In Abruzzo it’s traditional to celebrate around a bonfire, with fire symbolizing purity, fertility and love. Other places hold torchlit processions and firework displays.

Does this mean everything will be closed?

Because the holiday falls during Advent, many shops in bigger towns stay open to allow for Christmas shopping.

However, make sure you check transport before trying to go anywhere, as most bus and rail routes will be running on a limited service.

READ ALSO: The food and drink you need for an Italian Christmas feast

As usual, government offices, post offices, banks and schools are closed for the public holiday, so it’s not a good time to catch up on admin.

If it falls on a weekend, or you’ve got a day off work, the best thing to do is make like the Italians, and spend the day eating a big meal and enjoying the festive displays.

The beginning of Christmas

You may also notice that many towns put up their Christmas trees and other decorations in the days around December 8th.

Unofficially for many people in Italy the Christmas holidays begin on December 8th meaning many take an extended holiday, and everything (especially anything administration-related) noticeably slows down from this point on.

Especially if you’re in a smaller Italian town, you might want to get any paperwork done before this period – or otherwise you may have to wait until the Italian Christmas period ends, after January 6th.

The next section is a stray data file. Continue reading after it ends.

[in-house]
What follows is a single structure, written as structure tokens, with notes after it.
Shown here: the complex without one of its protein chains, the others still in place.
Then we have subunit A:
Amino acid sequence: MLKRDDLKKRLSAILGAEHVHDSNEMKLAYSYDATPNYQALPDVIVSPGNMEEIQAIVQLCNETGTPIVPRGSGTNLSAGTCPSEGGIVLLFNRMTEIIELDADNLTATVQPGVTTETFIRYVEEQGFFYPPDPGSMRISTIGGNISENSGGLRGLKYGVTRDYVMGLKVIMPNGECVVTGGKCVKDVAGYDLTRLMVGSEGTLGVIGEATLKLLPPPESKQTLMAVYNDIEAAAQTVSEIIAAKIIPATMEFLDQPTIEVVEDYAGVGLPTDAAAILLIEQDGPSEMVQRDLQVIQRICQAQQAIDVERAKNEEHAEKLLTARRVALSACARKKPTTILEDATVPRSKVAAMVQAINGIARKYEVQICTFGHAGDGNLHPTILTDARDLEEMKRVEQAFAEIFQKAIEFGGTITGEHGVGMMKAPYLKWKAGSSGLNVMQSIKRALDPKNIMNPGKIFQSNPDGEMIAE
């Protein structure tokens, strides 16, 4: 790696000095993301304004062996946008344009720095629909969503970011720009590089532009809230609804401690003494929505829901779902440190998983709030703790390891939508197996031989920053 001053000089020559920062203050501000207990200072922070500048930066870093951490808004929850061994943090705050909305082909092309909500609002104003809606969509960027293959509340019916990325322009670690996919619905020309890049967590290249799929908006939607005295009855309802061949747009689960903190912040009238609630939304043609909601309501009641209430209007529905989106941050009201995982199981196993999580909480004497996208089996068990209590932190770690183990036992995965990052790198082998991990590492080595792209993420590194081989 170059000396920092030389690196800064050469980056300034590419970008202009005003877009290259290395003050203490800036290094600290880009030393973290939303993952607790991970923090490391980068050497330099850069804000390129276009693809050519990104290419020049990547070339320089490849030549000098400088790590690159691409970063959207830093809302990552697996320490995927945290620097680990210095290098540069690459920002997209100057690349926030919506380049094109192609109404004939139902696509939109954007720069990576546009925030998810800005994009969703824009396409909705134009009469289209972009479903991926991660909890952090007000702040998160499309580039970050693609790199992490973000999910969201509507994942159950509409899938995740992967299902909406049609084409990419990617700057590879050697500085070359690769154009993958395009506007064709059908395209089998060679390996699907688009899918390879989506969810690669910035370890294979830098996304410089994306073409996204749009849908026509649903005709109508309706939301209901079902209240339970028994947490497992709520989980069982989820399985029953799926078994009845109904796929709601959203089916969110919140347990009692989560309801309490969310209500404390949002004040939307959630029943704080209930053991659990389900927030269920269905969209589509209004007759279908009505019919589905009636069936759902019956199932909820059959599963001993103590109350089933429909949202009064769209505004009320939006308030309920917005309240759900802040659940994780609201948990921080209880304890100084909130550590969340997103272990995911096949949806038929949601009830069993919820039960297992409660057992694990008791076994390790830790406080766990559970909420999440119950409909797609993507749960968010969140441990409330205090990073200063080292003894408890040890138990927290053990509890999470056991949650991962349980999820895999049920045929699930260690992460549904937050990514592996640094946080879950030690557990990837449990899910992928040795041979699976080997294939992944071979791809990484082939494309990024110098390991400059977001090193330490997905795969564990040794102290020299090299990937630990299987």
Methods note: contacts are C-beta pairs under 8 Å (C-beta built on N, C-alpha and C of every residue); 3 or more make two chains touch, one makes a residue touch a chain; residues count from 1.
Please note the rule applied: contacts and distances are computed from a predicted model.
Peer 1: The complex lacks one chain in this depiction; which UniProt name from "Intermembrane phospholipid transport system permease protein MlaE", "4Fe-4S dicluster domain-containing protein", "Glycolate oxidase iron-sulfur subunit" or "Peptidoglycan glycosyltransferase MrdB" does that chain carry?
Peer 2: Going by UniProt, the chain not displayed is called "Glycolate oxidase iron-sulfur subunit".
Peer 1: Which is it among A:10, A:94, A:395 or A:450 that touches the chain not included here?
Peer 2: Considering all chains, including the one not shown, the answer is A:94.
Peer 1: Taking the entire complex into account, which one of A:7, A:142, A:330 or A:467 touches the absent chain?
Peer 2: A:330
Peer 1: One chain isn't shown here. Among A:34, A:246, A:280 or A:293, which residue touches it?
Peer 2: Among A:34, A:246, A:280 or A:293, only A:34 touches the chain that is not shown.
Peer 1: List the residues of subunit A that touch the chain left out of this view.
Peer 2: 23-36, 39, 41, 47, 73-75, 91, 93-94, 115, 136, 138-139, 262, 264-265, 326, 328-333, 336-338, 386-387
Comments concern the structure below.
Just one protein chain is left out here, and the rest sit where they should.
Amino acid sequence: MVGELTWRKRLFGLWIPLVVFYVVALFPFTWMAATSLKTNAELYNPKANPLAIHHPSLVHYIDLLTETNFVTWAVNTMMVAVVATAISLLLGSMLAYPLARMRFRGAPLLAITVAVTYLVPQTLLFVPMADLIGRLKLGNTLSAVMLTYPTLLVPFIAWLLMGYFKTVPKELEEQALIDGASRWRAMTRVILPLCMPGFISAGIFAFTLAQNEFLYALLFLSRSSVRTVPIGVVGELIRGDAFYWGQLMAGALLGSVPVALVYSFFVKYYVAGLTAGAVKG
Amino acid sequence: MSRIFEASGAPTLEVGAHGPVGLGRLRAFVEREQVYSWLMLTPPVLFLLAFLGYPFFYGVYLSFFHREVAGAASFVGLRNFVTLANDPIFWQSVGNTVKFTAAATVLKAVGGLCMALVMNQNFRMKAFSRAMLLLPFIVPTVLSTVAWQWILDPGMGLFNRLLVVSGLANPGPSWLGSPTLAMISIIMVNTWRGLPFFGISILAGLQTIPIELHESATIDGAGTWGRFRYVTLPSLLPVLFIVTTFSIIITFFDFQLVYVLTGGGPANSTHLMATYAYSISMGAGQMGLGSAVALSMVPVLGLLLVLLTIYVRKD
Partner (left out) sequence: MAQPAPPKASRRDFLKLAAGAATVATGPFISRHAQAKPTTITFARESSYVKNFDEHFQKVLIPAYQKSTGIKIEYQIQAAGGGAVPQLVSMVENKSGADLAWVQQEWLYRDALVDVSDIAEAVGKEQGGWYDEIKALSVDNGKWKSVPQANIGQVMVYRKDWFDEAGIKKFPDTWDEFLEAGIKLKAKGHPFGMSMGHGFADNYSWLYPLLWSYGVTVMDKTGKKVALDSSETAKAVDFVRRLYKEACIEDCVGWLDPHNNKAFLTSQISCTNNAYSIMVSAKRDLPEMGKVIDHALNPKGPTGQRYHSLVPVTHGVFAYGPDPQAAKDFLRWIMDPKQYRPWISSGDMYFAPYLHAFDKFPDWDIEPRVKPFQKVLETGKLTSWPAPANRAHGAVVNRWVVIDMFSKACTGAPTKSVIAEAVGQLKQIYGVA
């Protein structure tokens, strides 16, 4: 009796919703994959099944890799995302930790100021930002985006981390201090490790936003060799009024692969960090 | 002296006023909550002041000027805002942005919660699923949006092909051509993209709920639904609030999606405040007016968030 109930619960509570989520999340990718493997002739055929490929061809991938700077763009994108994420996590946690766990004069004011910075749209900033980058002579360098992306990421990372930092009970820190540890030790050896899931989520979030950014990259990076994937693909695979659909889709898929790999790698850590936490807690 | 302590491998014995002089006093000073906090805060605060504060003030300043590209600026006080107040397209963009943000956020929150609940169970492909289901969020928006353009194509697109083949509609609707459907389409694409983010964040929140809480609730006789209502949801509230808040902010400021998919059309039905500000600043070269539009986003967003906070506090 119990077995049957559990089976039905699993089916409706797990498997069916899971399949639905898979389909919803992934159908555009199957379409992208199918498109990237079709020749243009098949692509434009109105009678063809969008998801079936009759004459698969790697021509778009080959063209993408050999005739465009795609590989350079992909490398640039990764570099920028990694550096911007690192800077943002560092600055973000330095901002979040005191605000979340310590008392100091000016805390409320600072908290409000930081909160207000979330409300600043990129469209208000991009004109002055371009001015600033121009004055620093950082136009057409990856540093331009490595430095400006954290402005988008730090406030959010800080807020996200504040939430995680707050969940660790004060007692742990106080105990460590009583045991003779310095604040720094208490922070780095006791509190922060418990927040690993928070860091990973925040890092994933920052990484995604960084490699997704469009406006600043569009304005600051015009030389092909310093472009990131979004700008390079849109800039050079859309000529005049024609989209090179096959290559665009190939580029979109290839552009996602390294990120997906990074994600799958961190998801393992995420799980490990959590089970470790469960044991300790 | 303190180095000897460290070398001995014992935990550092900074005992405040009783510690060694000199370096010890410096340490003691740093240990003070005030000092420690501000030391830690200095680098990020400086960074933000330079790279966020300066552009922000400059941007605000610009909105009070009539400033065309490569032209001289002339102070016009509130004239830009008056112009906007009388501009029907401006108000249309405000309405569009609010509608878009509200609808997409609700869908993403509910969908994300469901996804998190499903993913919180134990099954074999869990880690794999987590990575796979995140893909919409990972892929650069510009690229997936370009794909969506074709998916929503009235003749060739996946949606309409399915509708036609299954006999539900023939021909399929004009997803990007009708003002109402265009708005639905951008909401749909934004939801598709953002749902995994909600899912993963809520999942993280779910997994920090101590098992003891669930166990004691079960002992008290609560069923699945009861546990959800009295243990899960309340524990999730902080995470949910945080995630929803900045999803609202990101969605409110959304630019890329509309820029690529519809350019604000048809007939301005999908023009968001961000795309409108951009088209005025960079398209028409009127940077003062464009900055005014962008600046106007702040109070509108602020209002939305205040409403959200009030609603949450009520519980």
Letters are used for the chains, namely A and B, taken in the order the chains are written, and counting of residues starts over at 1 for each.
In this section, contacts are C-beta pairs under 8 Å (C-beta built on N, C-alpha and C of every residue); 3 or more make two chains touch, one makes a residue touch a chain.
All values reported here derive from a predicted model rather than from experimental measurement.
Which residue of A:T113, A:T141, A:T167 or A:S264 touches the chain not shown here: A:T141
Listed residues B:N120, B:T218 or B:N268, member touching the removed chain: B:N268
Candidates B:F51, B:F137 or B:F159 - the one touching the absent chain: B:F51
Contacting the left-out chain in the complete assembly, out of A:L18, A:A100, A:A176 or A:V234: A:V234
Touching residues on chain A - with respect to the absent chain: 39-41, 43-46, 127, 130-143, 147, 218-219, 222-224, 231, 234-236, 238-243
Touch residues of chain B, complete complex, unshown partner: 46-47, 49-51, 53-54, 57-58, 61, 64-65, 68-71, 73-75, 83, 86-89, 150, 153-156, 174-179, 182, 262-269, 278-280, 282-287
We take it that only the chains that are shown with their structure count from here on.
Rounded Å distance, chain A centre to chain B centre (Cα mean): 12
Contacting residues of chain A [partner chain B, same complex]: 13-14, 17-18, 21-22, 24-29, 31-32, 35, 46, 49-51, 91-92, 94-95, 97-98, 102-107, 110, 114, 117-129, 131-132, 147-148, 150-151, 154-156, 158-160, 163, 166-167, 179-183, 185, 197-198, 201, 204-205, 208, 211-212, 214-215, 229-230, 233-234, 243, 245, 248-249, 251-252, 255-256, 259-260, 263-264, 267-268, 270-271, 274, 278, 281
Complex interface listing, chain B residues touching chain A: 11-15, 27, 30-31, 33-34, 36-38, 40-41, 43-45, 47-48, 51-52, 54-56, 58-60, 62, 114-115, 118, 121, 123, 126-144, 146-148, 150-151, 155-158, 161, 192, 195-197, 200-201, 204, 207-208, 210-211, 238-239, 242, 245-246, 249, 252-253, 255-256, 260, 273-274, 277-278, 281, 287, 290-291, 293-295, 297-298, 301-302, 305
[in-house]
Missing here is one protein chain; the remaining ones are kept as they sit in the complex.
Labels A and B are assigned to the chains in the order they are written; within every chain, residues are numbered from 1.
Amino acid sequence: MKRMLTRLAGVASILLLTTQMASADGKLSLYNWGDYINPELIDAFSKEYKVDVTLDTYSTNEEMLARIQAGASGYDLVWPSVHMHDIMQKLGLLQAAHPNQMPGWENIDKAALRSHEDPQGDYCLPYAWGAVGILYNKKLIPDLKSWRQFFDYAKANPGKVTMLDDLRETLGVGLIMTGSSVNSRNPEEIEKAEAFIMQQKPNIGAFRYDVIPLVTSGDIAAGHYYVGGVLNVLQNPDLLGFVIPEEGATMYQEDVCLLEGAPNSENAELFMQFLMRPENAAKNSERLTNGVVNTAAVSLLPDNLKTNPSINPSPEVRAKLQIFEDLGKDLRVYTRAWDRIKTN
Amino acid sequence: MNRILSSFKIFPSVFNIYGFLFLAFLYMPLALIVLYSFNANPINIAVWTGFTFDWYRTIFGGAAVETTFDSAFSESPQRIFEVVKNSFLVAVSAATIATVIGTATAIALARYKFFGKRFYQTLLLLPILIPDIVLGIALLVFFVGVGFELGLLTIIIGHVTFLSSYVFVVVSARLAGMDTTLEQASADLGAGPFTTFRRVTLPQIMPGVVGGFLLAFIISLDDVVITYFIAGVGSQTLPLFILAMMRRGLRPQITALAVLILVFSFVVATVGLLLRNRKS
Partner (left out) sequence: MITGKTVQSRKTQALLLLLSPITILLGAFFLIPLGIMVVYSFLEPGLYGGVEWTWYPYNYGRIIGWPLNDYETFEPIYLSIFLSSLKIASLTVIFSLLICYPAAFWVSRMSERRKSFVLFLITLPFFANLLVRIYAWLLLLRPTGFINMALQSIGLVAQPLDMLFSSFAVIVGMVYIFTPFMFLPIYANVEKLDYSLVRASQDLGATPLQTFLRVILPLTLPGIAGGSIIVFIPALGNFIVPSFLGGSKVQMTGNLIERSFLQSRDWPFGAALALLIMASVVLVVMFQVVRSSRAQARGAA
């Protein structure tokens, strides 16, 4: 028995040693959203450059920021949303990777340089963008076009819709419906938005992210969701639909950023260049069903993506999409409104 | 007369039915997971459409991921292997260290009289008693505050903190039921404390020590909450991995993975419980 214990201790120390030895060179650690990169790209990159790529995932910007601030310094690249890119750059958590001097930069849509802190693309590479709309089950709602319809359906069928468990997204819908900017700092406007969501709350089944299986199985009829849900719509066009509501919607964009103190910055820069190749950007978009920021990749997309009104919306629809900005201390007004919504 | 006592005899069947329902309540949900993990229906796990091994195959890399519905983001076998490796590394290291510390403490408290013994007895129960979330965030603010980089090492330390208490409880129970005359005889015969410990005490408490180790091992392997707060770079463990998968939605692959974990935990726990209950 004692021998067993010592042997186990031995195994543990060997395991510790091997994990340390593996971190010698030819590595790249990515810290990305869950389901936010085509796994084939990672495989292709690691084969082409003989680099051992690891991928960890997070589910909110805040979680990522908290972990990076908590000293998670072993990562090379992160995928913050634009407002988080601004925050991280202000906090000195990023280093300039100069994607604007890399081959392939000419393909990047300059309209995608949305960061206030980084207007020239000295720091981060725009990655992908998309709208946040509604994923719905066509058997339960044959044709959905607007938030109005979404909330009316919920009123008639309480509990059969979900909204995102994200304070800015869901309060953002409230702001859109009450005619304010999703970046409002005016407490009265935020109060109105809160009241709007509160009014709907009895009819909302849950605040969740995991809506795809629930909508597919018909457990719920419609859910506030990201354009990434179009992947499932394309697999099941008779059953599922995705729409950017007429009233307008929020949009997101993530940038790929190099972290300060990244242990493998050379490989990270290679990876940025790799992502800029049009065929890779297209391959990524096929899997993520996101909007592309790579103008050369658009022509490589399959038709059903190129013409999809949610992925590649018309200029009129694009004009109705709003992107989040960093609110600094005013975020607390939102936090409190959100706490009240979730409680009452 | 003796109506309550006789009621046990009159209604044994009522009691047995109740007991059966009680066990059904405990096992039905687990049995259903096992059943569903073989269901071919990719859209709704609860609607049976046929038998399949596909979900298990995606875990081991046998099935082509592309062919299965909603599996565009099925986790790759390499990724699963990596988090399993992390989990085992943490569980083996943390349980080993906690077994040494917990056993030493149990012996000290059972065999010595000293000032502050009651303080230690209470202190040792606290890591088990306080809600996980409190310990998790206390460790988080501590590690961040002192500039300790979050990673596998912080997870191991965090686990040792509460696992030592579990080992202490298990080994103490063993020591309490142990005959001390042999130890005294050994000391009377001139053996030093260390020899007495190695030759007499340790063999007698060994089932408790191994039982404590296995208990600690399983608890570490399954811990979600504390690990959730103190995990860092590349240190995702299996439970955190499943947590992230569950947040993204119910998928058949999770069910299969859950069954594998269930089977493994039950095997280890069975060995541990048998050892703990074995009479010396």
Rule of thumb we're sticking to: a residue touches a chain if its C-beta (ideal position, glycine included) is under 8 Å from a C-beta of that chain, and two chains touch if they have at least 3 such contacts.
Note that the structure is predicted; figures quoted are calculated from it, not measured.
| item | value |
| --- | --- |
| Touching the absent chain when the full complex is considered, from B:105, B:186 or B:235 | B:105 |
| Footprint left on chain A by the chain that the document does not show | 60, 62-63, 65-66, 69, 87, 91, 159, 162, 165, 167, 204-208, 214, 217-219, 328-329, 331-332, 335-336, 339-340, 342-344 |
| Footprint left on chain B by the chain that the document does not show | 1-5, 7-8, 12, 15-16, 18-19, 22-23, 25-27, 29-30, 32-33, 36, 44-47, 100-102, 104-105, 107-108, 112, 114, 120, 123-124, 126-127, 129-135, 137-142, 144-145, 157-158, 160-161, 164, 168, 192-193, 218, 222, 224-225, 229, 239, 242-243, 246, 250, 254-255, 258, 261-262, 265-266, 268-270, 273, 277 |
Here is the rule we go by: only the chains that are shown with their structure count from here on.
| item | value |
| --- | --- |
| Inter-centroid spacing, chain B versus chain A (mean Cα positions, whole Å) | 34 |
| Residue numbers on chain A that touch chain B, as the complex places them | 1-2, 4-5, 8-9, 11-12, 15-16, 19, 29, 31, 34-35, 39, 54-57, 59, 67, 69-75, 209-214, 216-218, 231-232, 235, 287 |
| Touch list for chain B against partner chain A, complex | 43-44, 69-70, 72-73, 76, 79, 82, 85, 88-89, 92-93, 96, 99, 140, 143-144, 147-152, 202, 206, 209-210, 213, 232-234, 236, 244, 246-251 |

This is an updated version of an article originally published in 2018.

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EXPLAINED: Why are Italians angry at streaming platform DAZN?

The latest controversy to affect Italy, eliciting reactions from everyone from football fans to politicians, involves the streaming platform DAZN. Here's what's going on.

EXPLAINED: Why are Italians angry at streaming platform DAZN?

If you want to anger an Italian, one sure way is to take away their football games. This is exactly what happened on Sunday evening when the streaming platform DAZN logged users off just before the Serie A matches.

The bug couldn’t have come at a worse time.

The streaming platform has exclusive rights to the Italian first league, Serie A, and earlier this year announced a €29.99 monthly subscription and stricter rules limiting device access and blocking simultaneous viewing from different locations in an effort to curb “piracy”.